|Year : 2017 | Volume
| Issue : 2 | Page : 218-223
Immunohistochemical analysis of stromal fibrocytes and myofibroblasts to envision the invasion and lymph node metastasis in oral squamous cell carcinoma
Sowmya J Rao1, Jyothi Bellur Madhava Rao2, PP Jagadish Rao3
1 Department of Oral and Maxillofacial Pathology, Srinivas Institute of Dental Sciences, Mangalore, Karnataka, India
2 Department of Oral Pathology, SDM College of Dental Sciences, Dharwad, Karnataka, India
3 Department of Forensic Medicine and Toxicology, Kasturba Medical College (Affiliated to Manipal University), Mangalore, Karnataka, India
|Date of Submission||17-Jan-2017|
|Date of Acceptance||18-Jul-2017|
|Date of Web Publication||18-Aug-2017|
P P Jagadish Rao
Associate Professor, Department of Forensic Medicine and Toxicology, Kasturba Medical College, (Affiliated to Manipal University) Mangalore, Karnataka
Source of Support: None, Conflict of Interest: None
| Abstract|| |
Background: Tumor cells work in close coordination with stromal elements from its stage of emergence to metastasis. The study was designed to assess the presence and distribution pattern of stromal fibrocytes and myofibroblasts in oral squamous cell carcinoma (OSCC). Possibility of using these stromal cells as a marker for invasion and lymphnode metastasis was evaluated.
Materials and Methods: A total of 40 cases of OSCC consisting twenty cases of each lymph node positive (pN+) and lymph node negative (pN0) samples and ten normal oral mucosa (NOM) tissues were subjected to double immunostaining using CD34 and alpha-smooth muscle actin (α-SMA) antibodies. Stained sections were evaluated semiquantitatively.
Results: CD34 fibrocytes were seen in 70% of NOM and none of OSCC samples. α-SMA myofibroblasts were seen in 80% of OSCC and none of NOM samples. A statistically significant difference was found in fibrocyte values (P < 0.001) and myofibroblast values (P < 0.001) between NOM and OSCC study samples. No statistical significance in myofibroblast values between pN0 and pN+ study groups; however, their distribution pattern appreciably varied.
Conclusions: This study suggested that fibrocytes could be used as one of the markers for early invasion. Abrupt loss of fibrocytes at the transition zone toward carcinoma and statistical significance in their values supported this inference. Heterogeneity in the distribution pattern of myofibroblasts in tumor stroma indicates that this variability may predict the tumor behavior toward nodal metastasis rather than their mere presence or absence.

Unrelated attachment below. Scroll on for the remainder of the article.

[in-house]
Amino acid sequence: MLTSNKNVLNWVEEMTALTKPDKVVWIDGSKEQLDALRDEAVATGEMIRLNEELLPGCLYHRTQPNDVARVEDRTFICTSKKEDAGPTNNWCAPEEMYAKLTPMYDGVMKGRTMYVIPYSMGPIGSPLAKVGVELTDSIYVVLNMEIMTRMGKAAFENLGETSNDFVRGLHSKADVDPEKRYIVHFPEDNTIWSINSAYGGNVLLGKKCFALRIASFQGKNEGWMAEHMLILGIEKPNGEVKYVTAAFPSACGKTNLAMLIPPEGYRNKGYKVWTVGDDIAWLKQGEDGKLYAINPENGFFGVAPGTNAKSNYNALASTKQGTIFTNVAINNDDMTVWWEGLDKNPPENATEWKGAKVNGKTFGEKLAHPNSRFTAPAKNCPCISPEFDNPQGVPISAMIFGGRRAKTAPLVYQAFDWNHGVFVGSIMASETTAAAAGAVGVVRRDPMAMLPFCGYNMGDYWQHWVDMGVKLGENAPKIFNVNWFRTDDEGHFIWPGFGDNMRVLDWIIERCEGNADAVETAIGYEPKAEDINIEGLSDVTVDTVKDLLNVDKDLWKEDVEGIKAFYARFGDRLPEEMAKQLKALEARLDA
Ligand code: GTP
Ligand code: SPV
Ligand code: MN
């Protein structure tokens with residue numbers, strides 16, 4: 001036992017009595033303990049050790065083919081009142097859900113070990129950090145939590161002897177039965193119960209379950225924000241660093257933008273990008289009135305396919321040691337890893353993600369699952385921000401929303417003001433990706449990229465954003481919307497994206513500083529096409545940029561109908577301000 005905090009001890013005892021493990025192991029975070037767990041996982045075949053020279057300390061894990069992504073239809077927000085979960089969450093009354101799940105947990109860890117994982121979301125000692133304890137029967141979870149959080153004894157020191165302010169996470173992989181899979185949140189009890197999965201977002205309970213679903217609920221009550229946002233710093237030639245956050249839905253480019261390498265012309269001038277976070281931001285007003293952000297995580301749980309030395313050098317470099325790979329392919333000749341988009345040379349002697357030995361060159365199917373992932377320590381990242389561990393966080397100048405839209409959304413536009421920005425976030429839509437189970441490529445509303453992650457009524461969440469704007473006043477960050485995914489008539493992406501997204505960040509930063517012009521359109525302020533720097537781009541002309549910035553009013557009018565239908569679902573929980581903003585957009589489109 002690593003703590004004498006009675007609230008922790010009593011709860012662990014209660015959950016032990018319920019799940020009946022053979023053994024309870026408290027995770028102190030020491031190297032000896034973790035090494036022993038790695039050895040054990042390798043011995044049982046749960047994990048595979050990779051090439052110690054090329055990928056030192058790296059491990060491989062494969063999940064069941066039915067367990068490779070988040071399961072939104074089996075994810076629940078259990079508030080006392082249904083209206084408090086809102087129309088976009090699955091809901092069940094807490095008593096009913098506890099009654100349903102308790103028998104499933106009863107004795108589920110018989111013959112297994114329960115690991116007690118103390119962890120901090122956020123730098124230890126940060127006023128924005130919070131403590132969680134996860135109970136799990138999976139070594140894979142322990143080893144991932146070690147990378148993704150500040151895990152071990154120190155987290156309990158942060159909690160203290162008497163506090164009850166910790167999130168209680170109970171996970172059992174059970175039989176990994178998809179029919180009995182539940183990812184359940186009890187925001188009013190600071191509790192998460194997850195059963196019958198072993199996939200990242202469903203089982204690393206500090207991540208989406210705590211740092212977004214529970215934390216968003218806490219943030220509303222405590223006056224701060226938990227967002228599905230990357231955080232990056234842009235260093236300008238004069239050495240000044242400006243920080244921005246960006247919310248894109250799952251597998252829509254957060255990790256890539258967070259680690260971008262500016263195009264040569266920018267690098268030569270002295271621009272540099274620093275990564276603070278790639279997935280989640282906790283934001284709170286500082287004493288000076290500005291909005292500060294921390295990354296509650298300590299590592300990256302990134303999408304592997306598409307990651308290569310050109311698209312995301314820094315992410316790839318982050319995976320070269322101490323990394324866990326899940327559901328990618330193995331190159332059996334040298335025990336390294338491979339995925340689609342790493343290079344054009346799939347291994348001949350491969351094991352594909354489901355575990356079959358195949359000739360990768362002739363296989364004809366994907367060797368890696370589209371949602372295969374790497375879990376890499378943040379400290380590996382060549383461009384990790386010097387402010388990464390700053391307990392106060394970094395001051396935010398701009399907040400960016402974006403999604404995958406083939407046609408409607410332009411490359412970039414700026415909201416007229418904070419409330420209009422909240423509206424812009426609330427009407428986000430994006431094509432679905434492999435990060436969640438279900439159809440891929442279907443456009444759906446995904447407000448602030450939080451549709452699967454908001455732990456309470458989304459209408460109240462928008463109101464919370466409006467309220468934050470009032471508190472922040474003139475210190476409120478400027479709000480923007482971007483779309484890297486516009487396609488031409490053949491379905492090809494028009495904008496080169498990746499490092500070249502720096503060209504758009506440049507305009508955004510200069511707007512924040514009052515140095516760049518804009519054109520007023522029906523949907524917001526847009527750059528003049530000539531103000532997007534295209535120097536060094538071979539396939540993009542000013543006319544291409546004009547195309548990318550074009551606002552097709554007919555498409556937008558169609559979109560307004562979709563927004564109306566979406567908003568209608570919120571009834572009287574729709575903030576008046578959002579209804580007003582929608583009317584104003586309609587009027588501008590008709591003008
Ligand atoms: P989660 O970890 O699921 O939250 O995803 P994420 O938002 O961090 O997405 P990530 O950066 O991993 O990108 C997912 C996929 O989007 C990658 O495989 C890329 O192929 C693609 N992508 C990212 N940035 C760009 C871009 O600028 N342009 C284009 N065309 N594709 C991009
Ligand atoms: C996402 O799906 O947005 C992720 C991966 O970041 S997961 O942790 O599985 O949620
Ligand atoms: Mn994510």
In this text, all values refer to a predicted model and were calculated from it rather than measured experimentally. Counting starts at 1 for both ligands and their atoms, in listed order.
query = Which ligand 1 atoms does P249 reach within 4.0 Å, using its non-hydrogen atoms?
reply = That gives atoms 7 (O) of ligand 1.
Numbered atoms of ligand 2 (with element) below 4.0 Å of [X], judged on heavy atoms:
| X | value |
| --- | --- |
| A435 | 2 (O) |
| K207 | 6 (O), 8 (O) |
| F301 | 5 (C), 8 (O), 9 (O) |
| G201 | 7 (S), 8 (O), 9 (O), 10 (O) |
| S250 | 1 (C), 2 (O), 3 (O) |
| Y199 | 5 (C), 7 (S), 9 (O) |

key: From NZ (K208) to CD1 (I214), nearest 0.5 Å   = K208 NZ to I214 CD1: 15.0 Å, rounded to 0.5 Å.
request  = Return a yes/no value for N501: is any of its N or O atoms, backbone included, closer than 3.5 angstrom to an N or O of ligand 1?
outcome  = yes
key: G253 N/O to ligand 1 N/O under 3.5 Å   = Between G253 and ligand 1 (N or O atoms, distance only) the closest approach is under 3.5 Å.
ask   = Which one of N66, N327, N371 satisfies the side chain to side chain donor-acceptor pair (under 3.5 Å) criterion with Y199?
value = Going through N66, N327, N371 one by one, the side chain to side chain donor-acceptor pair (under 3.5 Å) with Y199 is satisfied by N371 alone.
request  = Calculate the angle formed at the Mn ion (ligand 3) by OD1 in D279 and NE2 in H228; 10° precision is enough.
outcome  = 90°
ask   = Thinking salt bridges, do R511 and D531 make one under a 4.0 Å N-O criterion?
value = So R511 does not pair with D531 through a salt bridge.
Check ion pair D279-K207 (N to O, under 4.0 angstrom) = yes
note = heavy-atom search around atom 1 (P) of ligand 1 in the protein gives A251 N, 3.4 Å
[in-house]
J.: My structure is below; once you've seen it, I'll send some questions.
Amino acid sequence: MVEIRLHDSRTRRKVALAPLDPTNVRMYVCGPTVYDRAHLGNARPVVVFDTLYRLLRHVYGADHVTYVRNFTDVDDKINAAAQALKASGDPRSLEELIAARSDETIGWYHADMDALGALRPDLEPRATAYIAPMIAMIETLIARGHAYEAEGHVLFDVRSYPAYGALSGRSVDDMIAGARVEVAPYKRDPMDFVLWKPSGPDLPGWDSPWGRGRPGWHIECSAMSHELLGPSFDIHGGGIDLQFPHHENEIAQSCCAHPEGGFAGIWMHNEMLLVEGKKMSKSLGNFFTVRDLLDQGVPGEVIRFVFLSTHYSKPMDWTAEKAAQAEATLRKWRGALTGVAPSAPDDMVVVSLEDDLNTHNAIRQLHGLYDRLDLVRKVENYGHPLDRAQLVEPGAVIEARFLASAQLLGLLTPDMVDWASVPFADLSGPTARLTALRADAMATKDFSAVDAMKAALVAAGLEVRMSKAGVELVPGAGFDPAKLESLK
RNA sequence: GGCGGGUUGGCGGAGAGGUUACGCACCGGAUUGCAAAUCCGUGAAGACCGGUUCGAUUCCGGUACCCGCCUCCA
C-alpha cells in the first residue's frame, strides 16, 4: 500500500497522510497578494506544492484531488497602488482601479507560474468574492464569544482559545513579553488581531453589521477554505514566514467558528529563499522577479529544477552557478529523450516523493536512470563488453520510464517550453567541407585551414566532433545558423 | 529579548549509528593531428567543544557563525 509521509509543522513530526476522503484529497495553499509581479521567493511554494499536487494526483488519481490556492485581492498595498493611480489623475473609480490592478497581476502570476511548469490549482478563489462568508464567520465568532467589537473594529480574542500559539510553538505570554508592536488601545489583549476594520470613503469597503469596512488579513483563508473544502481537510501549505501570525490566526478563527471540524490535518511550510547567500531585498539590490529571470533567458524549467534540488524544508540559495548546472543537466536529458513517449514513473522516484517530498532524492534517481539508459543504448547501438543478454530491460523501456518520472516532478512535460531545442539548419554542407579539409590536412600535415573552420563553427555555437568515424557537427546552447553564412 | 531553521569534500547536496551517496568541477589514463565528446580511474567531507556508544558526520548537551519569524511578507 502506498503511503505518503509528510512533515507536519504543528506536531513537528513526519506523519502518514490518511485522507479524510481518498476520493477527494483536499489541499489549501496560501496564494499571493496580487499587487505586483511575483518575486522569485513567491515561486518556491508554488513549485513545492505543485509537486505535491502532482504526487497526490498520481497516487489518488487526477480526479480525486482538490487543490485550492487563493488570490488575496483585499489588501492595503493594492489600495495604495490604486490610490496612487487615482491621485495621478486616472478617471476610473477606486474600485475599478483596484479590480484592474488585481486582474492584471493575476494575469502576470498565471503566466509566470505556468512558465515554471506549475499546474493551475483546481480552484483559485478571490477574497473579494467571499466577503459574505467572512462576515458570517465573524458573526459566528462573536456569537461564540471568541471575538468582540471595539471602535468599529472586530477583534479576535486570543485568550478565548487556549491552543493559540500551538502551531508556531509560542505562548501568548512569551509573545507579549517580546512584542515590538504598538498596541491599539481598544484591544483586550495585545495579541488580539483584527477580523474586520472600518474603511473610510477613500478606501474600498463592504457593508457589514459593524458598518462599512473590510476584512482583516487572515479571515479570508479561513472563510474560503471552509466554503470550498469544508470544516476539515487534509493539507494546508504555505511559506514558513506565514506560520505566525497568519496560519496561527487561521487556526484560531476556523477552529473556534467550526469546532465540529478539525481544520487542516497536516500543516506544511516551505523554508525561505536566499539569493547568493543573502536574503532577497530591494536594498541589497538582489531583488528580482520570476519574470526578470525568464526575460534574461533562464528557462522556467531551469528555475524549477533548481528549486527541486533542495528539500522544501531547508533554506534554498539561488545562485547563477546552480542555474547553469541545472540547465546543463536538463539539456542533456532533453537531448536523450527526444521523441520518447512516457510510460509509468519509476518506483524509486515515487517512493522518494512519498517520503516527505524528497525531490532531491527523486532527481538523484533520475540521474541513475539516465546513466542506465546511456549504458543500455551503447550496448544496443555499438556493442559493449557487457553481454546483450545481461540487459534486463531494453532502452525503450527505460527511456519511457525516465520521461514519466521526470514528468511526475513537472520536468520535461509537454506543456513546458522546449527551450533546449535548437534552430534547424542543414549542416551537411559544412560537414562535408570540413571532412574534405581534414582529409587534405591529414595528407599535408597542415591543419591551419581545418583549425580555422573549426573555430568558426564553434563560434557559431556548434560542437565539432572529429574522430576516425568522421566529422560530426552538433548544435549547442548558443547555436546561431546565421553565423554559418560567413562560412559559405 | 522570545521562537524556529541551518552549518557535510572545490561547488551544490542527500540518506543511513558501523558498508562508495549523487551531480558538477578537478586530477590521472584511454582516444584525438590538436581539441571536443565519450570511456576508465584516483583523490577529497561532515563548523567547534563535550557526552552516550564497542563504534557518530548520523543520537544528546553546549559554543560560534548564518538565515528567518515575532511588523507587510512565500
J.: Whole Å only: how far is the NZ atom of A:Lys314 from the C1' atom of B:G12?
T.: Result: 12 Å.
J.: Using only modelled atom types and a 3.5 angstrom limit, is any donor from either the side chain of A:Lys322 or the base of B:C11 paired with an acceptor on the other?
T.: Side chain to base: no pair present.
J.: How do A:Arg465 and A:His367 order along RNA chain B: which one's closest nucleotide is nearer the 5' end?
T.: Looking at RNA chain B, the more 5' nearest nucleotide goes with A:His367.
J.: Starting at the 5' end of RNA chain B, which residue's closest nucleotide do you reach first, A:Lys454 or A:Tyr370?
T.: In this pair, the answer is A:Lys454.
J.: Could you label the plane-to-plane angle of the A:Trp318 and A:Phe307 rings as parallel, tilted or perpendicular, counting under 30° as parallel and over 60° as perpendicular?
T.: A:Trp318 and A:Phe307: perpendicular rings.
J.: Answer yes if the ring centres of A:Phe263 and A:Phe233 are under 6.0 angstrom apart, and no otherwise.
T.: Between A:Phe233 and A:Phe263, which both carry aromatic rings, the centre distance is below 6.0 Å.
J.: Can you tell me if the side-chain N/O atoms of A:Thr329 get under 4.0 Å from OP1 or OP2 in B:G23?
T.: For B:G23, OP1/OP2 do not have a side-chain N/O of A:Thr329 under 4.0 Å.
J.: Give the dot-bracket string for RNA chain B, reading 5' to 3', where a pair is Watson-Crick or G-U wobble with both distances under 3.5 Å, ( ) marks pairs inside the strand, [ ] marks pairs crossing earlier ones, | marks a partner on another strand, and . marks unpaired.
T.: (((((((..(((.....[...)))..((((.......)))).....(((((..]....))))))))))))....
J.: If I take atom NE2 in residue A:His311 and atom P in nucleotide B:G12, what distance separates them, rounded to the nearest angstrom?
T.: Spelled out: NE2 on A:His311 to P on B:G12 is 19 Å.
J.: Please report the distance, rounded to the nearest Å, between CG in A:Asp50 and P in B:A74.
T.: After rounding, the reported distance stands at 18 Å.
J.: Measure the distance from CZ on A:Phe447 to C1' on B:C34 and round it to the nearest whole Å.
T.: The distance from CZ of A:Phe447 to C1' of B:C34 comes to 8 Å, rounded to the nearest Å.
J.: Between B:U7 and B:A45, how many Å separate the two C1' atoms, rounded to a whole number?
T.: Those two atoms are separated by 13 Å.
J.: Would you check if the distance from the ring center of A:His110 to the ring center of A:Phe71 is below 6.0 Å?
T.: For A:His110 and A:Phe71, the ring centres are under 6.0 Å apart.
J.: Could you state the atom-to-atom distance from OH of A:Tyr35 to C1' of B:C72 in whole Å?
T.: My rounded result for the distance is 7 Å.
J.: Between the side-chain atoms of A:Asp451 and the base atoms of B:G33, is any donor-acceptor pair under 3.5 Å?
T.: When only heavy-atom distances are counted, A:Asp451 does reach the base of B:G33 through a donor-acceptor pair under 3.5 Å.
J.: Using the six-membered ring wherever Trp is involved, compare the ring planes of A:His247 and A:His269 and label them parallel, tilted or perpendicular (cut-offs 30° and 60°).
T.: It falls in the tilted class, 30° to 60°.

Keywords: Alpha-smooth muscle actin, CD34, fibrocytes, myofibroblasts, oral squamous cell carcinoma, tumor stroma
|How to cite this article:|
Rao SJ, Rao JB, Jagadish Rao P P. Immunohistochemical analysis of stromal fibrocytes and myofibroblasts to envision the invasion and lymph node metastasis in oral squamous cell carcinoma. J Oral Maxillofac Pathol 2017;21:218-23
|How to cite this URL:|
Rao SJ, Rao JB, Jagadish Rao P P. Immunohistochemical analysis of stromal fibrocytes and myofibroblasts to envision the invasion and lymph node metastasis in oral squamous cell carcinoma. J Oral Maxillofac Pathol [serial online] 2017 [cited 2022 Aug 9];21:218-23. Available from: https://www.jomfp.in/text.asp?2017/21/2/218/213212
| Introduction|| |
Tumor, “the wound that does not heal,” is a highly complex tissue where tumor cells coexist with active stroma composed of various stromal cells and extracellular matrix (ECM). These tumor cells and stromal elements work in concert for tumor evolution toward metastasis.
Oral squamous cell carcinoma (OSCC) is one of the top ten cancers in the world, ranks first among males and third among females in India. Regardless of advanced diagnosis and treatment modalities, it carries potentially poor prognosis with an estimated survival rate of only 56%. Prognosis of OSCC is intimately related to nodal metastasis. In general, a single ipsilateral lymph node metastasis reduces the survival rate by 50%. There is a need for biomarkers that would predict the invasion and nodal metastasis in early stages from the biological samples collected with minimally invasive techniques to aid in prompt treatment planning.